Seriously? This takes incoherency to a whole new level. Far bigger things to worry about than if an F1 session starts 1 hour earlier or later – it’s not a matter of life-and-death!

      Saving the feature-length “fantasy weekend schedule” for the final race of the season (‘cos it’s 3 months until Bahrain…) Of course, the compulsory obsession with sunset times makes a return

      1. lol. F1 stands for first-world problems.

      2. Simon – I see you waited for the right moment to come up with something after a little break since the US GP equivalent post, not that I was unprepared.

  2. In case you are losing interest with all the Max Verstappen wins, here’s my 5 reasons why I am still keen for for Abu Dhabi GP.

    1. Who will be second in the WCC?

    Mercedes and Ferrari just 4 points apart? Even if Max runs away at the front, the real battle is between these two where even 8th might make a significant difference.

    And yes, Aston Martin only 11 points south of McLaren, but I suspect that the tangerine dream has that one unless it’s a double DNF.

    2. WDC 4th

    OK, its really just bragging rights with the top 3 cemented into place, but Sainz and Alonso tied at 200, and Norris lurking at 195, where these three end up should be fascinating racing.

    And down the table, there is a real battle for 17th. Go Daniel!! (A bloke who in real life is just as nice).

    3. Team Battles

    Max trumps Sergio. Lewis beats George. But Sainz vs a resurgent Leclerc? 12 point to make up but not impossible. Alonso vs Stroll, cough, cough. Norris beats Oscar but well done to the rookie. But it is the Alpines, Gasly vs Ocon, where the best team battle lies, only 4 points apart. And the car seems capable of regular points. I don’t see changes in the teammate battle at the other teams. So for me it’s the Ferraris and the Alpines to watch here.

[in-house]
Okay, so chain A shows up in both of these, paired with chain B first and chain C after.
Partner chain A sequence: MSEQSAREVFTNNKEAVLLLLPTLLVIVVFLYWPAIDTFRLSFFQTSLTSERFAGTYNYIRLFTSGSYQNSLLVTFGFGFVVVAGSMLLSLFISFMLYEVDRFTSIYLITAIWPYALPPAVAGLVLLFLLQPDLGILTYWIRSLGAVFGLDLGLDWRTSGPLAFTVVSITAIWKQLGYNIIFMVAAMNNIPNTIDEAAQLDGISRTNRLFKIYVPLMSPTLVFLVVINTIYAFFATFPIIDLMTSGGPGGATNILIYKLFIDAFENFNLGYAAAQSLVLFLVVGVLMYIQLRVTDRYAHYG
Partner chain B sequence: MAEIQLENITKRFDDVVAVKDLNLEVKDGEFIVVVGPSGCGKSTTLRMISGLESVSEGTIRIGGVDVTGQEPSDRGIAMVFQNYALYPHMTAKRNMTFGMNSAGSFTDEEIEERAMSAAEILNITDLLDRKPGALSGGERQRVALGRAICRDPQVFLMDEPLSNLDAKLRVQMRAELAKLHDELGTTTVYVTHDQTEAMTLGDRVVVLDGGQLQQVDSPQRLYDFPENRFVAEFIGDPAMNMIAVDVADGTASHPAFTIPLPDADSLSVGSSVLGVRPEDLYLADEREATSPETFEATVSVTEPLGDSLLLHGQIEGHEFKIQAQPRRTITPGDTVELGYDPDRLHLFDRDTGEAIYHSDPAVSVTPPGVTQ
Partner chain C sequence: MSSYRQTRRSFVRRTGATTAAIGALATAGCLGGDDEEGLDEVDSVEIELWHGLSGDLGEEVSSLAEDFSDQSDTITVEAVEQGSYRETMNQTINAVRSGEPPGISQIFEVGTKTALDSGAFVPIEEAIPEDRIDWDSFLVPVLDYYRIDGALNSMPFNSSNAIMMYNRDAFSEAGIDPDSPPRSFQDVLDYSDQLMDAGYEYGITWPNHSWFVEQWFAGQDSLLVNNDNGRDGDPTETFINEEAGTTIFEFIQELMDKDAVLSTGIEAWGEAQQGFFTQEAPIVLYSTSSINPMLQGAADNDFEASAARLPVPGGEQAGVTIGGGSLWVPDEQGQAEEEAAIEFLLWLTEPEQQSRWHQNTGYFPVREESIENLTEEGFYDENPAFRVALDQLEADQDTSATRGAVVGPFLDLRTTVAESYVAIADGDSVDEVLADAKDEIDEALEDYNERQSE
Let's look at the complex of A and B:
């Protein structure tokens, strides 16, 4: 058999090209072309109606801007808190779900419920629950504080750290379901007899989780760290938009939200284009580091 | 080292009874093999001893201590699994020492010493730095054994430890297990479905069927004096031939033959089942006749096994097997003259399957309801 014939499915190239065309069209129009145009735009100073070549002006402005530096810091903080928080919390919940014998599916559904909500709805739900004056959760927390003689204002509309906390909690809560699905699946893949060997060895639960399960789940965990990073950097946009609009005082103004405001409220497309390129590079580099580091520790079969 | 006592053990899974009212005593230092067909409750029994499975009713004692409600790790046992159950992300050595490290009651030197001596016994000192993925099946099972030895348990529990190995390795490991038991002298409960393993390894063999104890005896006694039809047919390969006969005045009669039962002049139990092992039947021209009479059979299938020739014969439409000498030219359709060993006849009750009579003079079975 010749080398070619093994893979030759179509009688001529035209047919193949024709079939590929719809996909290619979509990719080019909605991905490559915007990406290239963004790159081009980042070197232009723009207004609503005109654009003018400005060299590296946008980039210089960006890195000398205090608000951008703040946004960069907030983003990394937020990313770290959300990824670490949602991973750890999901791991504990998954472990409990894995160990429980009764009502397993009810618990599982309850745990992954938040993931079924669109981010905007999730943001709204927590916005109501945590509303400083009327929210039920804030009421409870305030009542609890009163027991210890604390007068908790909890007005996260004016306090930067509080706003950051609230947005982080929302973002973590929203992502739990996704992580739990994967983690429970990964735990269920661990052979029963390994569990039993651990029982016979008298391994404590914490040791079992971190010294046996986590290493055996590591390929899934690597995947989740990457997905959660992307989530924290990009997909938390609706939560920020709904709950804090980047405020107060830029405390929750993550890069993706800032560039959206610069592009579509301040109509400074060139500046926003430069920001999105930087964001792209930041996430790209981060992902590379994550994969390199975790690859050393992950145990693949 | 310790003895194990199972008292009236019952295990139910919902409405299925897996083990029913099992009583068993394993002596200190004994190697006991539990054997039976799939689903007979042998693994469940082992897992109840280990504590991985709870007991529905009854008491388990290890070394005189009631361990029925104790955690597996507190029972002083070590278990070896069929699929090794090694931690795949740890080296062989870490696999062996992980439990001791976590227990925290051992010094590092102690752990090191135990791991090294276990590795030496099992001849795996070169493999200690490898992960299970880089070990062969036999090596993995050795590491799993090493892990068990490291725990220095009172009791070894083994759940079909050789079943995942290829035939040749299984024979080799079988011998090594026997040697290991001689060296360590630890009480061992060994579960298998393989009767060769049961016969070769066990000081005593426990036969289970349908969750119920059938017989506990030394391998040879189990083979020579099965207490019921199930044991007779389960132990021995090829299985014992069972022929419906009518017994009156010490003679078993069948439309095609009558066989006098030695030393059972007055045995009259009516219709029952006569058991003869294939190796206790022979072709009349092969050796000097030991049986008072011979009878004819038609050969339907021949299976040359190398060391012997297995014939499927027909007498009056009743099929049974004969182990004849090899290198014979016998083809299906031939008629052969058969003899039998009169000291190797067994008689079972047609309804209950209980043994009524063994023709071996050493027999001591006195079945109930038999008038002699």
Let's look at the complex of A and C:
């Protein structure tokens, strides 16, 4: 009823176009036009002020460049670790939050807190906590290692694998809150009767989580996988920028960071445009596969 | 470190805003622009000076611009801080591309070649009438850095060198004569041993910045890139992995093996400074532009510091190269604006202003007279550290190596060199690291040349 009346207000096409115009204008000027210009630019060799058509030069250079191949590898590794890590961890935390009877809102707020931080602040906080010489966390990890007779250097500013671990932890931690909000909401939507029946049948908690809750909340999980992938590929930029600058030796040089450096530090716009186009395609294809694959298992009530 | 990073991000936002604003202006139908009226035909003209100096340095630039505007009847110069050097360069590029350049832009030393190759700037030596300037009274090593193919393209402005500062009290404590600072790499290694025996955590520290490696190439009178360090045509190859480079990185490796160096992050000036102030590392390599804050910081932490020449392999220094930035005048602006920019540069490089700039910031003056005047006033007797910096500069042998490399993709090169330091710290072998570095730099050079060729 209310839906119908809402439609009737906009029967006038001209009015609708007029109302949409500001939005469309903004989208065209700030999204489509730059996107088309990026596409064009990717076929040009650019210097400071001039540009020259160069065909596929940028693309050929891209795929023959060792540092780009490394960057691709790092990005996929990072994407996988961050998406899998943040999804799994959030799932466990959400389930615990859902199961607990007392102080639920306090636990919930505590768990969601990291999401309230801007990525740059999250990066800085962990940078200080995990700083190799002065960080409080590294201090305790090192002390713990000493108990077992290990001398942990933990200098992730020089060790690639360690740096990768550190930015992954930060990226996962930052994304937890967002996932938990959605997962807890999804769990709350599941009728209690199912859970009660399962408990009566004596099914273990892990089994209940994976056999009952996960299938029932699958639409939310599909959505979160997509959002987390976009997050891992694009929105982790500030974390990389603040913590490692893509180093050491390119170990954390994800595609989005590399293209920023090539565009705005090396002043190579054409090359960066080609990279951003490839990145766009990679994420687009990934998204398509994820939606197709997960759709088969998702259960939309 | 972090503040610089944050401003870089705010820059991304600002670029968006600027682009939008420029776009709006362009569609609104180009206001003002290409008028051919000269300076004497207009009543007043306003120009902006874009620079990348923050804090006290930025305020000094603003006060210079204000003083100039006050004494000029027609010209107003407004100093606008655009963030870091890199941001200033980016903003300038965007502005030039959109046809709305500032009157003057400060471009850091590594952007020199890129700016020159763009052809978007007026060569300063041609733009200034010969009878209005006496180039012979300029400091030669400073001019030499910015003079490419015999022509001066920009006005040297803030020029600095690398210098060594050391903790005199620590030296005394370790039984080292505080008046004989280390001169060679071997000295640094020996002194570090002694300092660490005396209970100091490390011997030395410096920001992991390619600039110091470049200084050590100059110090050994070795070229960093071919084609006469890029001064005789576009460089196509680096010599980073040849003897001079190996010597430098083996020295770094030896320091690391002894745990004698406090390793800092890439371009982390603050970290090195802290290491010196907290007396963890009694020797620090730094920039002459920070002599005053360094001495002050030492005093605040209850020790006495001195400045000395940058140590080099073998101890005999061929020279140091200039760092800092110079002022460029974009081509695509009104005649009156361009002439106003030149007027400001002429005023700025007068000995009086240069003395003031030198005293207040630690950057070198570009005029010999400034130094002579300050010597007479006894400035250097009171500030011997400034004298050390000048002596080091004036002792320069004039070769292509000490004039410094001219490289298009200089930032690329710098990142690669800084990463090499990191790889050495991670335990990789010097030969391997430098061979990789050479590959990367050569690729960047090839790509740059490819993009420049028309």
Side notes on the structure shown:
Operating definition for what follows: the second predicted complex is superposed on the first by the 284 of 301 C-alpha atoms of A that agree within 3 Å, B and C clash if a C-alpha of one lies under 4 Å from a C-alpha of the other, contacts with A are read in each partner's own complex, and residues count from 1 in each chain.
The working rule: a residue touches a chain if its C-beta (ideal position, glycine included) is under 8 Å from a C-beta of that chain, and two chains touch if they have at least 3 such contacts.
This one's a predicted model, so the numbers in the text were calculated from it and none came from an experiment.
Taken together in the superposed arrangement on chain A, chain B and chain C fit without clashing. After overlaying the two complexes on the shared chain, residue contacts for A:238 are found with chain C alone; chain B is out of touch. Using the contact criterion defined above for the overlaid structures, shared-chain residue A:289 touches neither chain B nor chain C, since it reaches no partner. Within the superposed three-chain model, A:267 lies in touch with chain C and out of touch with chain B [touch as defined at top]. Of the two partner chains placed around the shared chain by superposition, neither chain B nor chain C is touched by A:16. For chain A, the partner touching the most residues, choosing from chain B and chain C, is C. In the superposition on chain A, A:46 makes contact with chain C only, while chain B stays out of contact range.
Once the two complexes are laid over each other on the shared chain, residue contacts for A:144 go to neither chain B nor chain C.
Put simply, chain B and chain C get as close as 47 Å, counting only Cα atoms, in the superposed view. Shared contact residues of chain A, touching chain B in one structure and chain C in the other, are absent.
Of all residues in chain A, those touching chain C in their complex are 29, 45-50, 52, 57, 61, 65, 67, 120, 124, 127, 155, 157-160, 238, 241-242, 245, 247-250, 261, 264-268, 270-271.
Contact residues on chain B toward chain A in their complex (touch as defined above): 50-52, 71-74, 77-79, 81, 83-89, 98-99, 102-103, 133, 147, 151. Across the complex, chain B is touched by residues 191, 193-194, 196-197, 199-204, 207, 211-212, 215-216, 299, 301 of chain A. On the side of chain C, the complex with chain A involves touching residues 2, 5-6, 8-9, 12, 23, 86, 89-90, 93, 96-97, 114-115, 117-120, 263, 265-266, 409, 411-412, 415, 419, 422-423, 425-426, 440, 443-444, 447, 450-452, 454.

4. WCC 7th, 8th and 9th

    Who would guess that the race to be the best of the bottom four could be so engaging. Williams was astounding in Las Vegas, and no, I don’t count Haas’ showing in FP1/8th. I suspect 7 points to catch up is beyond the Alpha Tauri, but I also expect Alpha Romeo will struggle to put 5 points on the RBR Jnr team, especially if Danny Ric gets a clean race for once. So my money is these teams might stay as they are in the rankings, with Haas staying fixed at the bottom of the table. But …

    5. Anyone trying to lose?

    The current rules penalise success in terms of super license fees and wind tunnel time. Will we see any pyrrhic victories as a team or driver strategically perform under-par for the sake of next year’s development? I doubt it, but I’m sure the teams have run the numbers. Even RBR could save some peso’s by a double DNF without any consequence to its standings. Yet with the 7-8-9 WDC so close, what is the value of 5% or 10% extra aero testing compared to prize money? It would funny to see Alpha Tauri waving through an Alpha Romeo or two as a 2024 strategy.

    Reply moderated
    1. Prize money is of course still more valuable than wind tunnel/CFD time, & even more so for the smaller teams, i.e., those in coincidently positions 7-10, so no team or driver will try to lose positions.
      Besides, to my knowledge, super license fees aren’t even linked to final positions.

  3. No thanks. Can’t stand this bloody track. I’m hoping for a pile-up in the tunnel thanks to today’s qualifying nonsense, but otherwise Verstappen will win, Perez will be passed on the last lap and bring on next year.

    1. AD either produces a great race or an utter stinker. There were some epic races during the Merc dominance era. Anyway, I wish we’d go back to Malaysia. That track produced some amazing GPs.

  4. I like this quick turn around to get the season done with. I bet even the mechanics don’t mind. They’d rather get to vacation as fast as possible.